|Veterans Memorial Bridge
Looking west over the Susquehanna River
|Carries||2 lanes of PA 462|
|Locale||Wrightsville, Pennsylvania and Columbia, Pennsylvania|
|Official name||Veterans Memorial Bridge|
|Design||concrete deck arch bridge|
|Total length||6,657 feet (2,029 m)|
|Width||48 feet (15 m)|
|Longest span||185 feet (56 m)|
|Opened||September 30, 1930|
|Daily traffic||10,350 (2004)|
|Toll||was $0.25 for cars when opened; toll no longer collected|
The Columbia–Wrightsville Bridge, officially the Veterans Memorial Bridge, spans the Susquehanna River between Columbia and Wrightsville, Pennsylvania, and carries Pennsylvania Route 462. Built originally as the Lancaster-York Intercounty Bridge, construction began in 1929, and the bridge opened September 30, 1930. On November 11, 1980, it was officially dedicated as Veterans Memorial Bridge, though it is still referenced locally as the Columbia–Wrightsville Bridge.
Designed by James B. Long and built by Glen Wiley and Glenway Maxon (Wiley-Maxon Construction Company), it cost $2,484,000 (equal to $35,067,944 today) plus $56,400 (equal to $796,229 today) paid as an early completion bonus. Constructed of reinforced concrete, the 5,183-foot (1,580 m)-long bridge (6,657 feet (2,029 m) including spans over land) has 27 river piers, 22 approach piers, a 38-foot (12 m)-wide two-lane roadway, and a 6-foot (1.8 m)-wide sidewalk. 100,000 cubic yards (76,000 m3) of concrete and 8 million pounds of steel reinforcing rods were used, and coffer dams were built to aid in construction. Each span consists of three separate concrete ribs connected at five points by horizontal concrete struts, with the longest span measuring 185 feet (56 m).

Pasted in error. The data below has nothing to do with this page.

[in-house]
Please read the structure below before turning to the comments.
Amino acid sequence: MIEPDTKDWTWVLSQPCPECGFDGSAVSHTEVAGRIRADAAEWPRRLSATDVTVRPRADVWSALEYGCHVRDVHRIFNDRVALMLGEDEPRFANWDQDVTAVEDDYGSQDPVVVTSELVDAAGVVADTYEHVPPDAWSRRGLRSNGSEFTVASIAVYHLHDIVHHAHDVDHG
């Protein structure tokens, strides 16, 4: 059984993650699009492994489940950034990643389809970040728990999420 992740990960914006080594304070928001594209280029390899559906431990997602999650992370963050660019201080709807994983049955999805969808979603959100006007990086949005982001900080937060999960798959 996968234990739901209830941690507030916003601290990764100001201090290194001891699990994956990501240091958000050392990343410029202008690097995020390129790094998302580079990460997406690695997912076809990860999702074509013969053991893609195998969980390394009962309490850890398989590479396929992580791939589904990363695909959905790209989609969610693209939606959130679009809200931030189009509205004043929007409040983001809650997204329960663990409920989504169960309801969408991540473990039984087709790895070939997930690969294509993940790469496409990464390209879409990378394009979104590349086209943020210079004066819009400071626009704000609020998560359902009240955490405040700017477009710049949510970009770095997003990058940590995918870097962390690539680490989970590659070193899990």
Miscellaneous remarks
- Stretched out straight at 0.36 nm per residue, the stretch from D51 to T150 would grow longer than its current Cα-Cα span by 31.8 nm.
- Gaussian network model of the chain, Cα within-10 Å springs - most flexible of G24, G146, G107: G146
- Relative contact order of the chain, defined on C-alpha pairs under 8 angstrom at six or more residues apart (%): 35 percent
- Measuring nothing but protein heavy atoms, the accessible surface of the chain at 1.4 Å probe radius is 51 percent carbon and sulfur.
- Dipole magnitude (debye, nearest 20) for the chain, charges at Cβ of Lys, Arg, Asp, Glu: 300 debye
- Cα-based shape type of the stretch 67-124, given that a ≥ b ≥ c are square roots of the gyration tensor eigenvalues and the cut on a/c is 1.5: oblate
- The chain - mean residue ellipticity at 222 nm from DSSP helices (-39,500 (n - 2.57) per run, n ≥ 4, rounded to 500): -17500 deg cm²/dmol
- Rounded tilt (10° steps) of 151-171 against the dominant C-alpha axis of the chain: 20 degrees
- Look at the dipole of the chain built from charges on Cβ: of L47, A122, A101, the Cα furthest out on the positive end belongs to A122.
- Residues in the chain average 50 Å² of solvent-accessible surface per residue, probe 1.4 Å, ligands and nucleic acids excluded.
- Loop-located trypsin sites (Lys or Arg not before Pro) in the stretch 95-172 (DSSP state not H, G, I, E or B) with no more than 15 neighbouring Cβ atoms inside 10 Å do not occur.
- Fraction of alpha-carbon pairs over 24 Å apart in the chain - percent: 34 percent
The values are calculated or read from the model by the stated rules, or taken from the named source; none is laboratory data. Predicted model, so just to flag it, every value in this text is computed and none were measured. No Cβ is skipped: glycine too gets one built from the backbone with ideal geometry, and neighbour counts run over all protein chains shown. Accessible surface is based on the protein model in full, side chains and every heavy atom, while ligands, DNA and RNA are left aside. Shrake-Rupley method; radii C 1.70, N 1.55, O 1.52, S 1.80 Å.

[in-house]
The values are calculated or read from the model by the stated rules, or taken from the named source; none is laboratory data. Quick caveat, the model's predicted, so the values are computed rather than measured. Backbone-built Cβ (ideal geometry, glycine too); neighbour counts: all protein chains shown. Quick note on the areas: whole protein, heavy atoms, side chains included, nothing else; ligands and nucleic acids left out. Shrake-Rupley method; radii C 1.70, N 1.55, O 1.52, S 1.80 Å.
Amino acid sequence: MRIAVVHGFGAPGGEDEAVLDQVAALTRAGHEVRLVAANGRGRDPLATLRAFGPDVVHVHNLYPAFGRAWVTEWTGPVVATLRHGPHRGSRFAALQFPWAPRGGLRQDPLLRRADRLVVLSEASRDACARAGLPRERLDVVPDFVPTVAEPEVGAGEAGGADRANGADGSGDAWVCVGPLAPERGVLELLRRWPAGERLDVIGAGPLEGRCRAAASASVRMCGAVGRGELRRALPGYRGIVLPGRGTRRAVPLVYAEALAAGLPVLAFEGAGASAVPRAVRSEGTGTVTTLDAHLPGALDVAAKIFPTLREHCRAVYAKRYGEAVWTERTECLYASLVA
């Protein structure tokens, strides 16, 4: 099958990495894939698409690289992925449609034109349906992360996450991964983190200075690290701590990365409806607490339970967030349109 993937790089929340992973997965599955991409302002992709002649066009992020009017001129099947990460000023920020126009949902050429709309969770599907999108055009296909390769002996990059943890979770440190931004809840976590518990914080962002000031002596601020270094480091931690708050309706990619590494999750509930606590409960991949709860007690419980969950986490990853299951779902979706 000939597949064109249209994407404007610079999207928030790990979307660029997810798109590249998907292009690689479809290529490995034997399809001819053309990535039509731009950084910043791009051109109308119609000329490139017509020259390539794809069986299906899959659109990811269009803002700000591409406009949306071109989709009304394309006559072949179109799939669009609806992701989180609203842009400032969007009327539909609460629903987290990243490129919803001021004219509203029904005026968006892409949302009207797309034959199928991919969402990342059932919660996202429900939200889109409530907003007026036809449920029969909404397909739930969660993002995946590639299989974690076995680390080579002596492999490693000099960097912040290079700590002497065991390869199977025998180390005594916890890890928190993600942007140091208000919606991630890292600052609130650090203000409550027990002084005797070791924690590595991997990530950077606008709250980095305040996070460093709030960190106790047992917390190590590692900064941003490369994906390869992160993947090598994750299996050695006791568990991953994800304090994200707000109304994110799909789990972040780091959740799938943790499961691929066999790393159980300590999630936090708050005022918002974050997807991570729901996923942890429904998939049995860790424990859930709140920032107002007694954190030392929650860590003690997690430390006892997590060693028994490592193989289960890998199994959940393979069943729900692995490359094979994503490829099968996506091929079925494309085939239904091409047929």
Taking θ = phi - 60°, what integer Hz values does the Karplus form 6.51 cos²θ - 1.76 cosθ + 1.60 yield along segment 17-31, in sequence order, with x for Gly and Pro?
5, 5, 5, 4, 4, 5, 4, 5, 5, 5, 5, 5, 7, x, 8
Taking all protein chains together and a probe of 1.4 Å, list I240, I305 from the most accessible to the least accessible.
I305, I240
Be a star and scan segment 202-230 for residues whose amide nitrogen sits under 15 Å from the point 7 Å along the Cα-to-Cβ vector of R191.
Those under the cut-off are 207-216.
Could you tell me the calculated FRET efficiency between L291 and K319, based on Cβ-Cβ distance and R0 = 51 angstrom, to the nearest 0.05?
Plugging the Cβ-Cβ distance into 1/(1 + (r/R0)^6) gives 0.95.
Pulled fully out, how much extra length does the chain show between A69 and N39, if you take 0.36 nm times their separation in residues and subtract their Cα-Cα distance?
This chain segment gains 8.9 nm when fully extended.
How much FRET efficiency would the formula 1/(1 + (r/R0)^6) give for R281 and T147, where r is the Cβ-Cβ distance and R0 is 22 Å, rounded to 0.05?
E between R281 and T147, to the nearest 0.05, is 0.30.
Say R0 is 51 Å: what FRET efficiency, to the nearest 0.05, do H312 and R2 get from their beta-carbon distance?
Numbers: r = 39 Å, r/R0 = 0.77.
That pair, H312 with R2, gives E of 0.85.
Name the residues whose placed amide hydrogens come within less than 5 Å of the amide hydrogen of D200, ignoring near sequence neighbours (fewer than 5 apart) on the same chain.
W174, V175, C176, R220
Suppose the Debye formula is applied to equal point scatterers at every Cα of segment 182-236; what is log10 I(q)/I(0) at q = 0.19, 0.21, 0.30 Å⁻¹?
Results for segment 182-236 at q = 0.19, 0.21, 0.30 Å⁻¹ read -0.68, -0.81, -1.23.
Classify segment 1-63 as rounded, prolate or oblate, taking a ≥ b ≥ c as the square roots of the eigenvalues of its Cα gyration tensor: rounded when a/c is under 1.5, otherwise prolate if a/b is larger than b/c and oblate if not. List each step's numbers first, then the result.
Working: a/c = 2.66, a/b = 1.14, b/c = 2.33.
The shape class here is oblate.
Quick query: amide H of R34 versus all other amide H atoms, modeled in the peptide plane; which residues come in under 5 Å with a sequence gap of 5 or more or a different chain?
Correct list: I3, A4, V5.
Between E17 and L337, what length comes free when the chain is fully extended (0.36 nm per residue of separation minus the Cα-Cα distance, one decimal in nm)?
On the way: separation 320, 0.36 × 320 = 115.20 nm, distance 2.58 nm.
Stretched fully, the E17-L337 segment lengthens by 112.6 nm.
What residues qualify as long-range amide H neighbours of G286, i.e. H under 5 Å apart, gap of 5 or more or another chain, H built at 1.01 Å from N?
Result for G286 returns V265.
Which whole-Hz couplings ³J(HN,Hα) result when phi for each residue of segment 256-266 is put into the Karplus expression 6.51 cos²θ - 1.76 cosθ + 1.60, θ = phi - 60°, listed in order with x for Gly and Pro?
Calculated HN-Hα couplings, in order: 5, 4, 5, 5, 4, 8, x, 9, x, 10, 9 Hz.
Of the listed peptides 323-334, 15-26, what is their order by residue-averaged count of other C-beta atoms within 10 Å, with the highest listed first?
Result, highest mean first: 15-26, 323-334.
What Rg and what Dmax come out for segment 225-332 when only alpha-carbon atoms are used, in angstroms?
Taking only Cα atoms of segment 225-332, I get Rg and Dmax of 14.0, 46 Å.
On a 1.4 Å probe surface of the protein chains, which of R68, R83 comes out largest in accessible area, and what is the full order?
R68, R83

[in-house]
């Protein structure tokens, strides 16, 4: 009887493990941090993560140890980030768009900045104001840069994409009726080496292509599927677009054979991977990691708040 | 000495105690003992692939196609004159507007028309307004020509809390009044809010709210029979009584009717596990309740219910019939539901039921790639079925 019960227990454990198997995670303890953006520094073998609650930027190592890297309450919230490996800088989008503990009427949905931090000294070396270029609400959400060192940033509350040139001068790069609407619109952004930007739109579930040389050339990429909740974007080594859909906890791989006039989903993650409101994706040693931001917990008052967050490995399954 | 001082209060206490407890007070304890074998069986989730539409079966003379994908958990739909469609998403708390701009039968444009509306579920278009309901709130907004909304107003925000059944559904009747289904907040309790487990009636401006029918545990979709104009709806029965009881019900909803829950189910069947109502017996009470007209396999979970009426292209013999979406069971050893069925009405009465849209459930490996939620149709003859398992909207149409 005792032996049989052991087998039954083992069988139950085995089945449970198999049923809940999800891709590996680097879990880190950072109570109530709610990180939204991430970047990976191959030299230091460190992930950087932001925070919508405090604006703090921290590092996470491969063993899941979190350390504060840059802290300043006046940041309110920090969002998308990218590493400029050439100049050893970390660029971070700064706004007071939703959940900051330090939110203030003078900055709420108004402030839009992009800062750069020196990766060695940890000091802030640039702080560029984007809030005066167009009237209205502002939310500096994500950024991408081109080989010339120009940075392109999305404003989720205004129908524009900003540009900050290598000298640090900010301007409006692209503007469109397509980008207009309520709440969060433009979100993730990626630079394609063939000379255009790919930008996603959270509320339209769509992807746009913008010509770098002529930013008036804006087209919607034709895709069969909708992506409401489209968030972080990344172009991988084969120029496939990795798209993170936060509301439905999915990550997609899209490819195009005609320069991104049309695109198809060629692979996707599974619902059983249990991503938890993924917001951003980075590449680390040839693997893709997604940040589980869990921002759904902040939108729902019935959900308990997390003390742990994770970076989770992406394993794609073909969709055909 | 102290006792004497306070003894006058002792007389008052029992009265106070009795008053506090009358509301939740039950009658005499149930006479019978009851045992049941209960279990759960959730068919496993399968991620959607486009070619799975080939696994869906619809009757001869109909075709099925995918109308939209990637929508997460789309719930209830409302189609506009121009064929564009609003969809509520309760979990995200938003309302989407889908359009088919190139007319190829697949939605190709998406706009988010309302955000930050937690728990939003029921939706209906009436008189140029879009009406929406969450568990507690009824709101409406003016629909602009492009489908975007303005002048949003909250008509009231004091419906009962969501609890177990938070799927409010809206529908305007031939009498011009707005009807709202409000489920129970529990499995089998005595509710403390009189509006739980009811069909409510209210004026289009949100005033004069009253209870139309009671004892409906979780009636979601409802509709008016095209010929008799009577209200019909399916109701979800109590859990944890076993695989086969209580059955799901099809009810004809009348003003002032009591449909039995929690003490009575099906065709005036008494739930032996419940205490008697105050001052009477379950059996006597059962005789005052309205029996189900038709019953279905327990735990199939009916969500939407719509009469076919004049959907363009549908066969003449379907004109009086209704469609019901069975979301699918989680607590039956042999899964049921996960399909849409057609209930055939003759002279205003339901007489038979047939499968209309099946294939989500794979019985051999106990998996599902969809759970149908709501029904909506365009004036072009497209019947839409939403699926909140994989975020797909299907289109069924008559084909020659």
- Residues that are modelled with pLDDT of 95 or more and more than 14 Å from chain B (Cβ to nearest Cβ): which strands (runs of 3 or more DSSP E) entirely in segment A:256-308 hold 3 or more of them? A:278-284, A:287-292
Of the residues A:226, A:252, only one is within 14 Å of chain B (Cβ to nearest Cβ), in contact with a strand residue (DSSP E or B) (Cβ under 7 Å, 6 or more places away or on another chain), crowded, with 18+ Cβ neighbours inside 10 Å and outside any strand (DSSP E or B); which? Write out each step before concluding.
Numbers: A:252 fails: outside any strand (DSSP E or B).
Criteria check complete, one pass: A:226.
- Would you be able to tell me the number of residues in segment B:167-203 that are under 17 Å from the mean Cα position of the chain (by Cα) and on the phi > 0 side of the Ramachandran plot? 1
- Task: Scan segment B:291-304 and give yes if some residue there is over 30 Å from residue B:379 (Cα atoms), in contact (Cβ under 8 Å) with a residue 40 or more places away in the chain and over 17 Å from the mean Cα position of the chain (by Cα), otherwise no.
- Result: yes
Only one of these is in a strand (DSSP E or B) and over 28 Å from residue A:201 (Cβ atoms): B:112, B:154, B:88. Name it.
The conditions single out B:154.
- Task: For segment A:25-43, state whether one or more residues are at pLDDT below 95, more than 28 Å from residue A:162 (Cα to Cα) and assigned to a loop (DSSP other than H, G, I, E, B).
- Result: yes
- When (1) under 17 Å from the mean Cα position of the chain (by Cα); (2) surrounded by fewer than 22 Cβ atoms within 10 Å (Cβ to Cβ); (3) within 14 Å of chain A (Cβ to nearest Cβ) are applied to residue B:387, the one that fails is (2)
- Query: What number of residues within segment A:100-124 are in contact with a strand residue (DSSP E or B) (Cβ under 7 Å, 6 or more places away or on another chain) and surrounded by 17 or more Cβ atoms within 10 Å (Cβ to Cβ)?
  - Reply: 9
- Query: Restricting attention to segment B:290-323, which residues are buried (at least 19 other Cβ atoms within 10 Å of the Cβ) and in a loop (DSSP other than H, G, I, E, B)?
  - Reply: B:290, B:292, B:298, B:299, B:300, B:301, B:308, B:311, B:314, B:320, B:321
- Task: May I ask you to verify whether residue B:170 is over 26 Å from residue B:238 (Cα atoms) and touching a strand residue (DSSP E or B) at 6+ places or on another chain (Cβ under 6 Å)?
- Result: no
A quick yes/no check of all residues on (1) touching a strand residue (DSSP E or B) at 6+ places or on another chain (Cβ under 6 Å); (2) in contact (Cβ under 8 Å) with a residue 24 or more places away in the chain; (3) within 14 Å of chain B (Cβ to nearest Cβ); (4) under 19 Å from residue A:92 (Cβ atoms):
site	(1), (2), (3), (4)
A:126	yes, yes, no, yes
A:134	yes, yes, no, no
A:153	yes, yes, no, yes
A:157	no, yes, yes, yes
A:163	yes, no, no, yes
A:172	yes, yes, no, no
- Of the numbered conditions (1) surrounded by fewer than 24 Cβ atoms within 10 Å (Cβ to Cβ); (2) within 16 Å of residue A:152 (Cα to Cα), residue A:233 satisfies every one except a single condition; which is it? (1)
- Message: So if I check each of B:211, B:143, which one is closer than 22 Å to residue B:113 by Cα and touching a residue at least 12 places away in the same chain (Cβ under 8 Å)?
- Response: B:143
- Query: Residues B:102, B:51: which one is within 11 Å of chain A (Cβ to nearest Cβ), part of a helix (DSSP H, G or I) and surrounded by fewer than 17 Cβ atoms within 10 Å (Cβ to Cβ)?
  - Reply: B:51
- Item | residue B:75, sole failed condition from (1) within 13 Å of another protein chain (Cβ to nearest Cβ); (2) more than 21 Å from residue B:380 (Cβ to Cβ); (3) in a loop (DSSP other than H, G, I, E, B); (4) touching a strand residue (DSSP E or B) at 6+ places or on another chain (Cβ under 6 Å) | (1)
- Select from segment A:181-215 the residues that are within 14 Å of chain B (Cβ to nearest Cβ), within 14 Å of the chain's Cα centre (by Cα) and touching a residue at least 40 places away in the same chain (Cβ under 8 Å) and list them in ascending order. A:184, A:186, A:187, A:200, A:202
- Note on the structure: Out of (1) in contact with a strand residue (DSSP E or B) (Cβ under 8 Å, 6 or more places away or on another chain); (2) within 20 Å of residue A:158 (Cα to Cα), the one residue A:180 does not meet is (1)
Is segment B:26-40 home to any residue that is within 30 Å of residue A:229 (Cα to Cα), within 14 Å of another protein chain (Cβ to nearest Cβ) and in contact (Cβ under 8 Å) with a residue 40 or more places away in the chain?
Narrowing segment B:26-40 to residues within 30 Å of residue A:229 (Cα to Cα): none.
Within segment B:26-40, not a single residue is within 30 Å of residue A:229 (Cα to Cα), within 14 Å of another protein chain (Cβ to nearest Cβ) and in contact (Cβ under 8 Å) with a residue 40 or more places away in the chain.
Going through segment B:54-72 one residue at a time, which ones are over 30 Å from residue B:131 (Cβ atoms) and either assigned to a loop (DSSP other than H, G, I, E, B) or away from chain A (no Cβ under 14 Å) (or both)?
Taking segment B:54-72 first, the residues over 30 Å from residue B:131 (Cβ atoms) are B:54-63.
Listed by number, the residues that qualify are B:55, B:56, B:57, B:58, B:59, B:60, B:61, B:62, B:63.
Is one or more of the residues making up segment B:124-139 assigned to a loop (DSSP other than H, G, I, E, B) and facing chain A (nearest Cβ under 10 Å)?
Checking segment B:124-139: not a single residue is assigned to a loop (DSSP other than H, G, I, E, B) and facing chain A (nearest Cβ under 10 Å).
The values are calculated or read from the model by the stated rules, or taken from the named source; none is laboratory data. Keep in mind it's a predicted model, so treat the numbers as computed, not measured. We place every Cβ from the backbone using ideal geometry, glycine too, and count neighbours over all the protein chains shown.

In nominating the present Columbia–Wrightsville Bridge as an engineering landmark, the Pennsylvania section of the American Society of Civil Engineers noted that it is "a splendid example of the graceful multiple-span, reinforced-concrete arched form popular in early 20th Century highway bridges in the United States." The bridge is designated State Route 462 and is listed on the National Register of Historic Places, and is also a Historic Civil Engineering Landmark. Instead of being replaced by a name such as the Old Lincoln Highway, its name is a kept part of the historic Lincoln Highway in local naming, (meaning it'd previously carried U.S. Route 30 (US 30) which as a modern four-lane highway runs parallel to this older earlier road and lead to the two lane stretch being renamed Route 462 as it is today), the nation's first transcontinental highway, connecting a series of local highways and stretching from New York City to San Francisco. The opening in 1940 of the cross-state Pennsylvania Turnpike, a part of Interstate 76, subsequently provided faster passage.
Tolls of 25 cents per vehicle (equal to $3.53 today) were charged when the bridge first opened and ended on January 31, 1943, when the bond issue was retired. Some time after World War II, the original bridge lights were replaced with newer lighting. Two of the original bronze light fixtures can still be seen on the front lawn of the Frank Sahd Salvage Center along Route 462 in Columbia.
In the 1970s, the state considered closing the bridge permanently due to the recently constructed Wright's Ferry Bridge nearby, but local residents objected. In the mid-1970s, it was given a major overhaul instead, and was closed only temporarily. A few years later, the bridge was once again closed briefly so that a weather-resistant coating could be applied to the roadway. Today, the bridge is maintained by PennDOT and is still considered the world’s longest concrete multiple-arch bridge. Its annual average daily traffic (AADT) was 10,350 as of 2004. It is the fifth bridge to span the river at this general location.